In CD-3, total voter turn-out increased 65% from 2014 to 2018
In CD-7, total voter turn-out increased 83%, and
In CD-11, total voter turn-out increased 85%
Across these four Congressional districts, total voter turned out increased 71% from 2014 to 2018.
Overall, total votes for the four Democratic candidates rose 230% while for the three Republican candidates it barely grew by 30%.
Revisionist history aside, this increase was driven by a diverse coalition of voters who wanted to stop the excesses of the Trump’s administration.
And yes, this same coalition of voters today is no longer interested in going back to the incremental politics promised by the centrist Clinton/Obama wing of the party.
This coalition of voters believes that only bold action on critical issues like income inequality, climate change, reduction of student debt and immigration reform will bring back some balance of opportunity back to our country.
Bold action was taken by Pres. Bush and Obama to save Wall Street out of its financial crisis in 2008. We need bold action today to lift main street working families out of their kitchen-counter financial crisis.
And we are looking for candidates who are bold and courageous enough to fight for the America we want our children to inherit; one where our politics are centered on our values.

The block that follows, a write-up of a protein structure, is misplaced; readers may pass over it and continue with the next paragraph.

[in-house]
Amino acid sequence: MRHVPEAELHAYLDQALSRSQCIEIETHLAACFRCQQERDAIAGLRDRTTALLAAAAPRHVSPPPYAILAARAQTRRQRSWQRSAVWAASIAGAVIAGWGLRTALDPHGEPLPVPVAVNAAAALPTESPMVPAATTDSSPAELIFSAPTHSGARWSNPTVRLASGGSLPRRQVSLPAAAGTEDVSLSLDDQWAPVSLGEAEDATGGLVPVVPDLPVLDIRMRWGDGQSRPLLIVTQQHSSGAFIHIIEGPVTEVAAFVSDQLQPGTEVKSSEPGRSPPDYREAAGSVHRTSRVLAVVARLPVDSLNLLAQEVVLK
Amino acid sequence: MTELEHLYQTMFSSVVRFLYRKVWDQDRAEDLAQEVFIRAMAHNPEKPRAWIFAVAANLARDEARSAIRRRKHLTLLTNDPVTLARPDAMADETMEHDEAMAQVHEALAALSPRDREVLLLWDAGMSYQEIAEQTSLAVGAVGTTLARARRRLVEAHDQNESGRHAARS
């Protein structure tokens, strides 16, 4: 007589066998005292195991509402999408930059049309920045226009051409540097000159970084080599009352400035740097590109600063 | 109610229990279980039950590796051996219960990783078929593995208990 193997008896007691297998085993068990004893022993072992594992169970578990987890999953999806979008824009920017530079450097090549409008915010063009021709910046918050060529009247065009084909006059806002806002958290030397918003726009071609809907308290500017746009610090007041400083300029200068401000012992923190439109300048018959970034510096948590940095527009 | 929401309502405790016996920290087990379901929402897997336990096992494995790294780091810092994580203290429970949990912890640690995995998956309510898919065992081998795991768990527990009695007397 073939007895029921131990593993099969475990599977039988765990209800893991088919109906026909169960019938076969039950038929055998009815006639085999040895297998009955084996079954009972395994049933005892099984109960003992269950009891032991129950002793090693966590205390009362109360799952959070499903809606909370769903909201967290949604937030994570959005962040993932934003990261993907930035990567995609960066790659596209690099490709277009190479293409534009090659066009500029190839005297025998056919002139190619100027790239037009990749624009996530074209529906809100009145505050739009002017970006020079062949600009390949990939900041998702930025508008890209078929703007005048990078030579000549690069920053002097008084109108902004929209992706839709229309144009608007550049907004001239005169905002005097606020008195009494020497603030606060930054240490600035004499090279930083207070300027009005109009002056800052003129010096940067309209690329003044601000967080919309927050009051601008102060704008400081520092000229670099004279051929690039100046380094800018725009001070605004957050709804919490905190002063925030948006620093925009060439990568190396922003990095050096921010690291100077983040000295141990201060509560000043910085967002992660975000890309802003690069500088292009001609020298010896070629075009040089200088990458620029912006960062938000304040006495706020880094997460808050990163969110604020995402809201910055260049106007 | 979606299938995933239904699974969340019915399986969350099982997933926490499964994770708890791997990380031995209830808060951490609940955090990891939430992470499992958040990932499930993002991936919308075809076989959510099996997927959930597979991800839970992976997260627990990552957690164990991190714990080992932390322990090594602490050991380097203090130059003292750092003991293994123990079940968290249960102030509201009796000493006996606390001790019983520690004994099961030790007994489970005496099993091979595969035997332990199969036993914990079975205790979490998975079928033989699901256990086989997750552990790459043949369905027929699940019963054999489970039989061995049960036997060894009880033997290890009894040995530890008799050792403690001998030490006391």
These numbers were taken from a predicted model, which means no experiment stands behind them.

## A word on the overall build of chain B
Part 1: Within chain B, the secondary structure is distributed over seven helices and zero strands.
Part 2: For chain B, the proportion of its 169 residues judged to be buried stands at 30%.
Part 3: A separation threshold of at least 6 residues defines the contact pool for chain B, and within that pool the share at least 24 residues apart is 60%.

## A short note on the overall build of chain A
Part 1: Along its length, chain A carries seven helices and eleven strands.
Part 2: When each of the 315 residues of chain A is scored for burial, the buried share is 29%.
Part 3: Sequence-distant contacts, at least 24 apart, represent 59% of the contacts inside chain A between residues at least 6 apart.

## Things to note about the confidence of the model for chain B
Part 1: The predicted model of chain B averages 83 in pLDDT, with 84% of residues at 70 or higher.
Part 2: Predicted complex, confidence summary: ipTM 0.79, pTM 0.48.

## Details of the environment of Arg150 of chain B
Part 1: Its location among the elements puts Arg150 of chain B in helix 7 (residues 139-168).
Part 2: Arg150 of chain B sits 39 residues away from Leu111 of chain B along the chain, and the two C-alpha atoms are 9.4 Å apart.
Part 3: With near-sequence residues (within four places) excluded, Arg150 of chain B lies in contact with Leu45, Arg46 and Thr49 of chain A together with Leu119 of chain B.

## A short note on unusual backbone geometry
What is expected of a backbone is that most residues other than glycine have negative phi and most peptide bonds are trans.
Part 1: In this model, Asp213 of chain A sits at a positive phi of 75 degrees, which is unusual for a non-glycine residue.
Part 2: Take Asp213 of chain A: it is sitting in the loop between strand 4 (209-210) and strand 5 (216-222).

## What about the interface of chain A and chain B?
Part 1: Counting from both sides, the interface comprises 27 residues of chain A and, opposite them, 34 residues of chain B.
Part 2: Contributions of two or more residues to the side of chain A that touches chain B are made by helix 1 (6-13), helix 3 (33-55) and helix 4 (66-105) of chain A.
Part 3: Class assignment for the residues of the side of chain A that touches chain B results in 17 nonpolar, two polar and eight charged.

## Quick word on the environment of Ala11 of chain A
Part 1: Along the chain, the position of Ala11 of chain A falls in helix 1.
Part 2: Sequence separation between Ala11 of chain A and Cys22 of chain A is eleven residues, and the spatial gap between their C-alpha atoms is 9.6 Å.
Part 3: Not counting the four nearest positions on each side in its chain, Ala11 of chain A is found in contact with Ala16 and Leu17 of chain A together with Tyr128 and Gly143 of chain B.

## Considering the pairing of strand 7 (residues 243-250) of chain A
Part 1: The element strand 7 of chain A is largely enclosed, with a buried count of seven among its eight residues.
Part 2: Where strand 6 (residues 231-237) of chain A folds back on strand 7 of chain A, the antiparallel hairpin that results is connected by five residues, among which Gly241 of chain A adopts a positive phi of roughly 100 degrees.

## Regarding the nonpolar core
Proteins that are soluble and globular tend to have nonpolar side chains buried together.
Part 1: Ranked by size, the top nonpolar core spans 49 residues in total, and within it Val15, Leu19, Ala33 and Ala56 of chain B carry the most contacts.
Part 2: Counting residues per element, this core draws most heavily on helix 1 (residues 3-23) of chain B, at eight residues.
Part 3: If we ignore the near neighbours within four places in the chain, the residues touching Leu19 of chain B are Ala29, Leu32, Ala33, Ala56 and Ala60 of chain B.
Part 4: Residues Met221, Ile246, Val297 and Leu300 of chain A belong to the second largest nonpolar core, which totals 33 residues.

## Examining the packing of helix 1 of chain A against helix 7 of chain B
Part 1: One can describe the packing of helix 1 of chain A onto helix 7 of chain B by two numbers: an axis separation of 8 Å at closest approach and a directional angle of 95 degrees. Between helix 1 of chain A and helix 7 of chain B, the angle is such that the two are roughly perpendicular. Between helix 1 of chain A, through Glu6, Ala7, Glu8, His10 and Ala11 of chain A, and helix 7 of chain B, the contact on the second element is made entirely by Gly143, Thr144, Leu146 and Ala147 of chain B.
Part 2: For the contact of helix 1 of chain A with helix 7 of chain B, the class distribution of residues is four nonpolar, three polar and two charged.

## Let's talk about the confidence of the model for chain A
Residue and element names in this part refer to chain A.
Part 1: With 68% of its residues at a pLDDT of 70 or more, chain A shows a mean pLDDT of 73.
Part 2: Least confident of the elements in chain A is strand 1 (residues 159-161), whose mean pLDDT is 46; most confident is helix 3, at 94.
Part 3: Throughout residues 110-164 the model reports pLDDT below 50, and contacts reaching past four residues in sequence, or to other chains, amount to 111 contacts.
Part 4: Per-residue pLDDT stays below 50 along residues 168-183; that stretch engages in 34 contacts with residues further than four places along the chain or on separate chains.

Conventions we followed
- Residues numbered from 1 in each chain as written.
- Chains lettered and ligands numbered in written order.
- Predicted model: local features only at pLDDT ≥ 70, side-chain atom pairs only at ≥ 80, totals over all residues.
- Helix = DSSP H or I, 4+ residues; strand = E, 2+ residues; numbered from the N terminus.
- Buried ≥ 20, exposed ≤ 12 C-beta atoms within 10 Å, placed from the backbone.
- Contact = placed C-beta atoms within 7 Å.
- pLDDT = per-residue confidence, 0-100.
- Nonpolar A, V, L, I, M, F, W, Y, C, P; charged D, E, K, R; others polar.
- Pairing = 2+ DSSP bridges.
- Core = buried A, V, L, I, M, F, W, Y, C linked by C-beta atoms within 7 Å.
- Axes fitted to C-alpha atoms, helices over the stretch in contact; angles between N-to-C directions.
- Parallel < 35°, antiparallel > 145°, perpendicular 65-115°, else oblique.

So instead of chastising progressive voters, Democratic leaders should focus on organizing them. And instead of telling them to focus on recapturing disenchanted Trump voters, they should try listening to their demands for a new vision and a plan on how their communities will be able to get good jobs, good schools, good jobs, and a healthy planet.
As Stacey Abrams so eloquently tells us, the best candidate for president, race and gender aside, will be the one who runs a race that reaches out to everyone in every state and keeps that diverse coalition of voters inspired and mobilized.
In order to inspire such a coalition, candidates for president should lean-into the wisdom of grassroots leaders. Looking backwards to the Clinton and Obama years will only lead us to the mistakes of the past.
It is time to look forward and build an American worthy of our children’s future.
Patricia Campos Medina is a progressive labor and political activist. Opinions written here are her own and do not reflect positions taken by organizations she works for or belongs to. You can follow her on Twitter @pcamposmedina